So Craig will be without a phone for about a month and he relies on it heavily for email and running our social media, amongst other things, and fighting over one phone wears thin real quick!

12. Running our business on the road

We seriously underestimated how hard it would be to run our blogging business from the road. Not physically hard like digging holes hard, but time-poor hard and struggling to get connected, as mentioned.

The challenge of traveling full-time, running our business, homeschooling Kalyra, being full-time parents and our freelance writing commitments only leaves a few hours each day to get things done, which is usually late at night or early mornings when we are not at our best.

We need the travel to get new content, but then we need the time to blog. It can be counter-productive. We are way behind in our publishing schedule, we’re still putting out content from Queensland over three months ago, and re-lunching our website took way longer than expected due to everything else.

It’s funny now when we think back 12 months ago before starting this adventure to what other things we planned to do. We had the idea of taking a video per day to share, continuing our weekly podcasts, and all these other grand ideas. Huh, impossible!!

Slowing down in Broome for 5 weeks was invaluable in so many ways. We plan another extended stay in either Perth or the Margaret River region to regroup mentally and get on top of things. Constantly packing up and moving sucks too much time out of our day and is exhausting.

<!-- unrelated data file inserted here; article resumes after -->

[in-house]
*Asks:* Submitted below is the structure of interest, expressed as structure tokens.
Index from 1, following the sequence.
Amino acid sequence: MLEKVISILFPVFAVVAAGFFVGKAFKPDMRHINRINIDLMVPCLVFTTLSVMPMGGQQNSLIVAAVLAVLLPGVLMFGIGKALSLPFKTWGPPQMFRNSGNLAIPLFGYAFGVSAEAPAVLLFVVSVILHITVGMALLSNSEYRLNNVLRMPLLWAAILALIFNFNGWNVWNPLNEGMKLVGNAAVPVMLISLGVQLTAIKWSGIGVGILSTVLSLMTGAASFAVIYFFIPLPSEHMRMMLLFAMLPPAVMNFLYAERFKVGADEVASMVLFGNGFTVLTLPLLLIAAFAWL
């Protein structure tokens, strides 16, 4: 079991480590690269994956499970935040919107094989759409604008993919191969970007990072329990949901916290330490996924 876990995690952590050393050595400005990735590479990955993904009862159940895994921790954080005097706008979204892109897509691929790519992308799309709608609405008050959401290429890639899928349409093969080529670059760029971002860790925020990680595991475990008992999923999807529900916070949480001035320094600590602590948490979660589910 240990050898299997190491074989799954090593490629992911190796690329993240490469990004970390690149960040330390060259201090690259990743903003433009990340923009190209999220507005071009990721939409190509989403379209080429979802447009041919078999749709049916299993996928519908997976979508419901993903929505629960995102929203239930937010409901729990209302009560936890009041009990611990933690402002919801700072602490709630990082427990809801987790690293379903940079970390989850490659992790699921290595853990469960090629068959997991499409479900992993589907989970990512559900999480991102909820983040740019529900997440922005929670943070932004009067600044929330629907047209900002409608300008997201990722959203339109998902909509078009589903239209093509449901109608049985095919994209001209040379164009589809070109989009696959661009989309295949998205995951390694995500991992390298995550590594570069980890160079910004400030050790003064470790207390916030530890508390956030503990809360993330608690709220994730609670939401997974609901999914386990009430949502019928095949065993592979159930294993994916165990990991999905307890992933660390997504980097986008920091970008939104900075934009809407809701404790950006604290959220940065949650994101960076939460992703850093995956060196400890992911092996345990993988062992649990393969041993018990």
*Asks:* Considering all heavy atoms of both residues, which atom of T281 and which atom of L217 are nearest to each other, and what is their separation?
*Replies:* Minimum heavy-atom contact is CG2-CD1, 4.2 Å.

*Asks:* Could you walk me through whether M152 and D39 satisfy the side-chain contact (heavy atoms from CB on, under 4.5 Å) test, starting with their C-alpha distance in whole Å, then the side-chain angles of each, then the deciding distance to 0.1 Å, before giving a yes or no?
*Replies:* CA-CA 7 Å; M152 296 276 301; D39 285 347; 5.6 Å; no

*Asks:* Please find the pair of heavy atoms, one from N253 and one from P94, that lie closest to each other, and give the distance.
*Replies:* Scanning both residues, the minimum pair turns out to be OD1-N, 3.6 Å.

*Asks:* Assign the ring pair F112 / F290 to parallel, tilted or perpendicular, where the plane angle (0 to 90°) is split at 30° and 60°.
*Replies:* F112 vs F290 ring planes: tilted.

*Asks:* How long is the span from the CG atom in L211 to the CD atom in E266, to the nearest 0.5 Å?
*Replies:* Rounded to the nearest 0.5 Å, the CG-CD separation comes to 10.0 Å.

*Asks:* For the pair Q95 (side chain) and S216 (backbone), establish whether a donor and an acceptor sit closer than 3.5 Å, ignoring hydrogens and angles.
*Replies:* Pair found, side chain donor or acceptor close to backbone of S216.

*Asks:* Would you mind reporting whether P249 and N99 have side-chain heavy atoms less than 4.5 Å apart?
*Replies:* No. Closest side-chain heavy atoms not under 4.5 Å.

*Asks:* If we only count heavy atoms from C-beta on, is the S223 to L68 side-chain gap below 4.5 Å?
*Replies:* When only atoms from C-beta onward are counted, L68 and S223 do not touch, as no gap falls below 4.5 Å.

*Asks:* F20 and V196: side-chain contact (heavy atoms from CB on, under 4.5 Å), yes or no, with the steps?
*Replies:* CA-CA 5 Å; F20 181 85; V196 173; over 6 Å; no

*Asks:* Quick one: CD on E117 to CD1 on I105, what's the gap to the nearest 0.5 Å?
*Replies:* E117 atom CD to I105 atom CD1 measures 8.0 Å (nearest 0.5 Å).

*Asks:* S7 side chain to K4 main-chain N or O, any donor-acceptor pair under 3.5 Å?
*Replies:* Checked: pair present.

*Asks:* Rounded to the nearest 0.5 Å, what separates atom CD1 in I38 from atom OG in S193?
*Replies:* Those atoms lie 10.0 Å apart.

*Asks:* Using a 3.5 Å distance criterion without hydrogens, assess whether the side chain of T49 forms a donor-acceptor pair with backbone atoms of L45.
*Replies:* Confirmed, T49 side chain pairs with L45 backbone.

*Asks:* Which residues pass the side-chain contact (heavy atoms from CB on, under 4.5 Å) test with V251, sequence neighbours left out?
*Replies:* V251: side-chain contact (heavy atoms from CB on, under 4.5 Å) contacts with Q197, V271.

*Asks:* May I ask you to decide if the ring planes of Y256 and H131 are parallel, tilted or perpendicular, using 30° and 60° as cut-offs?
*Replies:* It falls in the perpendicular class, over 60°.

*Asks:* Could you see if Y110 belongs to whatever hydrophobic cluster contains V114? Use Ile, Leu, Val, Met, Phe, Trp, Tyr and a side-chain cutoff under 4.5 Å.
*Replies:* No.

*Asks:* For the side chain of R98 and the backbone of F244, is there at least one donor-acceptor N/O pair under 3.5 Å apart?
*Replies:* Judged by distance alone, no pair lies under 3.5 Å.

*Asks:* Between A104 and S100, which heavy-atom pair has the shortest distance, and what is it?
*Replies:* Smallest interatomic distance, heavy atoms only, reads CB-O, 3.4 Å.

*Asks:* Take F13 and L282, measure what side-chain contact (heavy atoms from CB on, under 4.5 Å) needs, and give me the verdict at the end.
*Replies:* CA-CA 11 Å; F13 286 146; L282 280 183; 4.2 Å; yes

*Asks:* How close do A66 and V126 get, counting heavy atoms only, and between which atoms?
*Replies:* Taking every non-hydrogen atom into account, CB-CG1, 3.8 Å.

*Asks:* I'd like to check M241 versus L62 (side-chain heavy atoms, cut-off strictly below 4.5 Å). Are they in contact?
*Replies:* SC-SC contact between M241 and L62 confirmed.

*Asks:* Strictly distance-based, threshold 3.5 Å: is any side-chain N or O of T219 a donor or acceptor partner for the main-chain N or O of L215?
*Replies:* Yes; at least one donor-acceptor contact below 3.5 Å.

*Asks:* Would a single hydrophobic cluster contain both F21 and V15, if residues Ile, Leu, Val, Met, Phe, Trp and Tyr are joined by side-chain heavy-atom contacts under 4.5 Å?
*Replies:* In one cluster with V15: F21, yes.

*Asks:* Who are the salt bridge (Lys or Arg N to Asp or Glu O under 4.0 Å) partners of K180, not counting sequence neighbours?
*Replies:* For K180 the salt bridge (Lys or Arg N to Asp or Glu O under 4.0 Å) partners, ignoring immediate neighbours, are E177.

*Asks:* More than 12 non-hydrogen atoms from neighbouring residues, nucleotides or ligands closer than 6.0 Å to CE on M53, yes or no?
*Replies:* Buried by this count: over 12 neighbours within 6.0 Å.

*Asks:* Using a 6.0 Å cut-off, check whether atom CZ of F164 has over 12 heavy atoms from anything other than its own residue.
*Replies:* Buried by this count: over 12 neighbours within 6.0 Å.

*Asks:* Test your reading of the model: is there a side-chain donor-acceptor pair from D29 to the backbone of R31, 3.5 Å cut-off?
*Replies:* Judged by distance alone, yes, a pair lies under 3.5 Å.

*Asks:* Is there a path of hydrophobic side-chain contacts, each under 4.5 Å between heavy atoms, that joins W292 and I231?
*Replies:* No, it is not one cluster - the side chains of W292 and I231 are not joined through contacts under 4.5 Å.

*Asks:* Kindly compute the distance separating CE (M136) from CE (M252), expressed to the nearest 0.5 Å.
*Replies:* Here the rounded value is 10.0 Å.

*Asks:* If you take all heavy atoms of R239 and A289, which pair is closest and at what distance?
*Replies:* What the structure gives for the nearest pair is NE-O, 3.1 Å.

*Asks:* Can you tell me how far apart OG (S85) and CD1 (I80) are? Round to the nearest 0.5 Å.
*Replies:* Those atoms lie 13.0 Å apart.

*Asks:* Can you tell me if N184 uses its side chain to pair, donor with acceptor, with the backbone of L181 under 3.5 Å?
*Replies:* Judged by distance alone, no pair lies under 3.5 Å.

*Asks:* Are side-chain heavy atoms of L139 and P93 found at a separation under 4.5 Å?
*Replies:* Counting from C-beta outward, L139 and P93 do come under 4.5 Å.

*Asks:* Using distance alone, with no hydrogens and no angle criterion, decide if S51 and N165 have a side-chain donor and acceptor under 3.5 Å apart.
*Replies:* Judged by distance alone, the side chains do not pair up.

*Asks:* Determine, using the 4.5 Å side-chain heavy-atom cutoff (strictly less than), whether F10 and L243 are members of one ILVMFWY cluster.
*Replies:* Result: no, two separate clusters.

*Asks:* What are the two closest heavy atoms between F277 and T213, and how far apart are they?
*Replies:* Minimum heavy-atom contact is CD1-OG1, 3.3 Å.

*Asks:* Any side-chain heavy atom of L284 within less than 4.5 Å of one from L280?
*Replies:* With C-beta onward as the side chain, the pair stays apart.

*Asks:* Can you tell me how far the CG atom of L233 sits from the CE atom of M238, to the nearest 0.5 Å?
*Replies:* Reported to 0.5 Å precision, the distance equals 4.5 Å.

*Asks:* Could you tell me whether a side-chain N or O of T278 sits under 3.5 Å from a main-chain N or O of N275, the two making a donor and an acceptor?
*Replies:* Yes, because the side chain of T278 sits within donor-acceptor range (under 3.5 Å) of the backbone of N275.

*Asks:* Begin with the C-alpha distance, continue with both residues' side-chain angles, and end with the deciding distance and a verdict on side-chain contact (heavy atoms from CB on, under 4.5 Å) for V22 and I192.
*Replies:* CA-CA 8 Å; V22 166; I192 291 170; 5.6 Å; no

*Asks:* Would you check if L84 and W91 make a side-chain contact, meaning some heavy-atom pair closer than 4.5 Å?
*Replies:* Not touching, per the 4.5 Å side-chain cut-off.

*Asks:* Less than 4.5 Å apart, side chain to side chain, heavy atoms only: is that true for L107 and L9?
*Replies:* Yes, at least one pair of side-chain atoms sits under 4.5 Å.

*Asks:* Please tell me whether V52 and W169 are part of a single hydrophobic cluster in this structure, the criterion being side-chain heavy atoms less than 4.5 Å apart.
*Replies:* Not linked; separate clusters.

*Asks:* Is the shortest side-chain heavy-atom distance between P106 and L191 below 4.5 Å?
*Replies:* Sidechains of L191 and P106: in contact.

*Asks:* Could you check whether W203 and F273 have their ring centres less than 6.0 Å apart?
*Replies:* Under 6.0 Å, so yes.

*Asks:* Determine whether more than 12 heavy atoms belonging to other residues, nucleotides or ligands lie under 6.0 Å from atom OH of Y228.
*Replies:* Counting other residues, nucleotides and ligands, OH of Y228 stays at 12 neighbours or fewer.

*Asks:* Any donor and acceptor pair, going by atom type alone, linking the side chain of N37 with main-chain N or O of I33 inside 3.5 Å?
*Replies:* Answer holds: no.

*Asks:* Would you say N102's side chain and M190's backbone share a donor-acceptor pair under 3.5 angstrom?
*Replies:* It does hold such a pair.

BIG thanks to our rock star Virtual Assistant Jade back in Melbourne who has helped us keep our shiz togethor.

Susnet camel ride in Broome - Western Australia
SLOW travel in Broome

13. Buying a camper trailer

We’ve gotten faster, but packing up and then setting up our camper trailer takes us about 1.5 hours each time. That’s 3 hours out of everyday we don’t have, and it gets tiring when you move every three days.

Camper trailers can be great if you just take one or two trips per year and stay in the one place, but when you travel and run a busy business like us we would have been better off with a hard top, either a caravan or motor-home which take a lot less time to set up.

We get jealous seeing a caravan or motor-home pull in next to us, and 15 minutes later they are sitting in their camp chairs with glass of wine in hand. 90 minutes later we are still slaving away setting up camp.

Plus on long drives with a caravan or motor-home you can just pull over on the side of the road and you have access to everything in the back.

But there is no perfect solution and pros and cons to each situation, if we have one thing you always want another.

Something to think about though if you’re planning to travel and run a business like us.

14. Homeschooling challenges

Homeschooling Kalyra wouldn’t be as stressful if we were just traveling, and didn’t have our business side of things to juggle. And if she would just focus and get done what would take one hour but usually ends up taking three.